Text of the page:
Bittersweet (Agridulce)

Bittersweet (Agridulce)

It seemed impossible when we set out on January 23, that we would make it no further south than Esquel, a town only 163 kilometers away if you travelled by Ruta 40. But with the days becoming shorter as Patagonia slipped into autumn, we decided to turn north and finish our adventure at Beto’s home, which is close to where our circuitous journey began. On March 5, on a brilliantly sunny day that promised to have us shedding our sweaters for the first time in a week or so, we exited Esquel. After an hour spent threading our way between parked cars, and putting up with barking dogs intent on our not invading their homes, we passed through this chaotic town making quite a sight with our five horses, two of them carrying packs. We made our way to Ruta 40. Unfortunately, we would have to follow the highway for a time before we would exit onto a smaller road en route to our first night’s stop at La Cancha.
We travelled north with the bittersweet emotions of sadness that we were starting the last leg of a trip we’d anticipated for year or more, and excitement that we were heading “home” to El Bolson. We would be returning to friends we’d developed over the past three years, hot showers and a warm bed. Despite the morning’s promising sunshine, however, we soon donned our jackets as clouds pushed the blue skies further and further away from us and a cold south wind caught us between our shoulder blades. By the time we turned off Ruta 40 on to a secondary highway, it was almost 5pm. We were chilled, and spattering rain made us feel more bitter than sweet. Adding to our growing blues, Beto announced that we were another three hours away from our planned stop for the night. Once again he’d miscalculated the distance. By 8pm it would be almost dark, so we would have to look for someplace else to spend the night. 

Unfortunately, our route had taken us into rolling desert. We’d crossed a few almost dry streams or arroyos along Ruta 40, but for as far as we could see in the distance there was no evidence of water or of any sort of habitation. This was tough land where a single cow would need dozens of hectares of the sparsely vegetated sandy soil to survive. Hard as we tried to see sentinel Alamo trees or weeping willows, both of which mark oases, none were evident. We soldiered on trying to keep our spirits up. This was not how we imagined our return trip. We’d actually elected to follow this desert route rather than travel through the spectacular Los Alerces National Park with its series of large mountain lakes, in what was feeling like an increasingly elusive search for warmer, drier weather.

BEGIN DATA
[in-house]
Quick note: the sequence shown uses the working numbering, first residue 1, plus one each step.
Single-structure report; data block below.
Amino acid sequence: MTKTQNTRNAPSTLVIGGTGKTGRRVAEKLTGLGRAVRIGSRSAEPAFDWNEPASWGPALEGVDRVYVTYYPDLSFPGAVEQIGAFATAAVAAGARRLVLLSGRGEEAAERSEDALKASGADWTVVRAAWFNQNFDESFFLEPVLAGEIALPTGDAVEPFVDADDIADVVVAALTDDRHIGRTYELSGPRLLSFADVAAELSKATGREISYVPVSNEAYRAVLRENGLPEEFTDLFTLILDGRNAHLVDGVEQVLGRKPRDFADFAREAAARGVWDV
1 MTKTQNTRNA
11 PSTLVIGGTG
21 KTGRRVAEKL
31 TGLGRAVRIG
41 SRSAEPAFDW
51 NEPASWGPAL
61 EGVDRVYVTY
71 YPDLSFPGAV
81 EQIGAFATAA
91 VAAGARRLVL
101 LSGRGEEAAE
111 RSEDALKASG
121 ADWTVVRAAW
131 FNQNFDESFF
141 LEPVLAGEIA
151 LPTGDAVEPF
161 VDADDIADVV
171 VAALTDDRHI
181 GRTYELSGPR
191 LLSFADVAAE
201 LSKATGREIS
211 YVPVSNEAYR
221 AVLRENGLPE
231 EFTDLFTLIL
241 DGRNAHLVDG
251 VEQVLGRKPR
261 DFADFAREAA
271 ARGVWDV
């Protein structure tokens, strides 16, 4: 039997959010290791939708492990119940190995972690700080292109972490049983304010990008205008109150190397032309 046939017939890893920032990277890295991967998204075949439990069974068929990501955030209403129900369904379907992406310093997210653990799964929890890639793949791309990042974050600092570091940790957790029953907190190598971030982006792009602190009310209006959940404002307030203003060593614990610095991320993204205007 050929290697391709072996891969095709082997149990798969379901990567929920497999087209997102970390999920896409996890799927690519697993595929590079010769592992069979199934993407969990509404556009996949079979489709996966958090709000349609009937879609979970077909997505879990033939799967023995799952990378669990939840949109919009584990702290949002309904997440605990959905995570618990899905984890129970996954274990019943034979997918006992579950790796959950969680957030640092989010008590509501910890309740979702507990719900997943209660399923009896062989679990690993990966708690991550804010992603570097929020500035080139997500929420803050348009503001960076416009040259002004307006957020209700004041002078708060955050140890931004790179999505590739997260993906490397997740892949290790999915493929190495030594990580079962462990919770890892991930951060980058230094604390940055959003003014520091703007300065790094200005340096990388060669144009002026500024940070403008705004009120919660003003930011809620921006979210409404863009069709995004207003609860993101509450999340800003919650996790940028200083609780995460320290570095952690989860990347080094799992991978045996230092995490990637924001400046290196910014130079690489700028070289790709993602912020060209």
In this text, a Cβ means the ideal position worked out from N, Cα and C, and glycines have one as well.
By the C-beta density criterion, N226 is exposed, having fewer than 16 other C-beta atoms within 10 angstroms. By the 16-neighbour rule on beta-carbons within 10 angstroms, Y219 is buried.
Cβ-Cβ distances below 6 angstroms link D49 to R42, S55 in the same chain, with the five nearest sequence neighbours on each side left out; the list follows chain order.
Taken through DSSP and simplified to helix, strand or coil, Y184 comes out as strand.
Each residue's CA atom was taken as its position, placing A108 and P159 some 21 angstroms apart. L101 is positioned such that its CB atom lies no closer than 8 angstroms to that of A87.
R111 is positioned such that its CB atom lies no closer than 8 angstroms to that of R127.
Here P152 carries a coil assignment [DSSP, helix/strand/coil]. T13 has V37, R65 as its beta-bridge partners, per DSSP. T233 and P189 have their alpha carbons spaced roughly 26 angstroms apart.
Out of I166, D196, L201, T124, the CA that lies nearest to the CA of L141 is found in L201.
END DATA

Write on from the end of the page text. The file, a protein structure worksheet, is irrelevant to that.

Nicola and Judy in the desert.
We plodded along the roadside with our backs buffeted by wind and rain as the overcast skies closed in on us, ever hopeful that we’d find a haven for the night. After travelling for another hour, we came over a rise, anticipating that on the far side we would see a house or some trees or something that would give us a feeling of comfort. But the narrow road stretched into the far distance eventually disappearing over another rolling hill. The desert sand supported nothing but thorny, vicious plants. It wasn’t until we climbed the far rise that we finally saw what promised to be a valley where, we hoped, there might be a river or at least a few trees to protect us for the night and provide a bit of wood for a warming fire.
Just before 8pm, we began dropping into the valley and we arrived at La Cancha, Beto’s planned stop for the night. We’d covered close to 40 kilometres and had been on the road for over eight hours. La Cancha was a water stop for La Trochita, the narrow-gauge steam train that carries tourists between Esquel and El Maiten. Although it was located on land owned by the dreaded, gate-locking Benettons, we were able to gain access through an opening beside the train tracks. Our water supply was the tank that sat on stilts so that the train passed below it and could be filled from above. There were a few poplar trees that would block the wind and plenty of firewood, and we discovered good pasture for the horses. The rain let up as we quickly set up camp, got the fire going and prepared and then gobbled down a spaghetti dinner. We’d eaten nothing since breakfast, and the hardy meal hit the spot.
Golden grass in La Cancha.
The next morning, we awoke to broken clouds. As the sun climbed over the low-slung hills, its oblique rays hit the golden tufted grass that dominated the expanse around us. These beautiful plants glowed in the hard autumn light seemingly illuminated from within. So taken were we by this grass that it was some time before we looked at the distant mountains we’d left behind. They were blanketed in fresh white snow. Any second thoughts we had about choosing this route over the one that passed through the national park disintegrated. Had we travelled that way, it would have been a nasty freezing cold night and a snowy morning. We set off in higher spirits with Beto promising us that we would be at our next stop by mid-afternoon. Though we doubted it would be, we were hopeful that as he moved closer to his territory, his guiding skills would improve.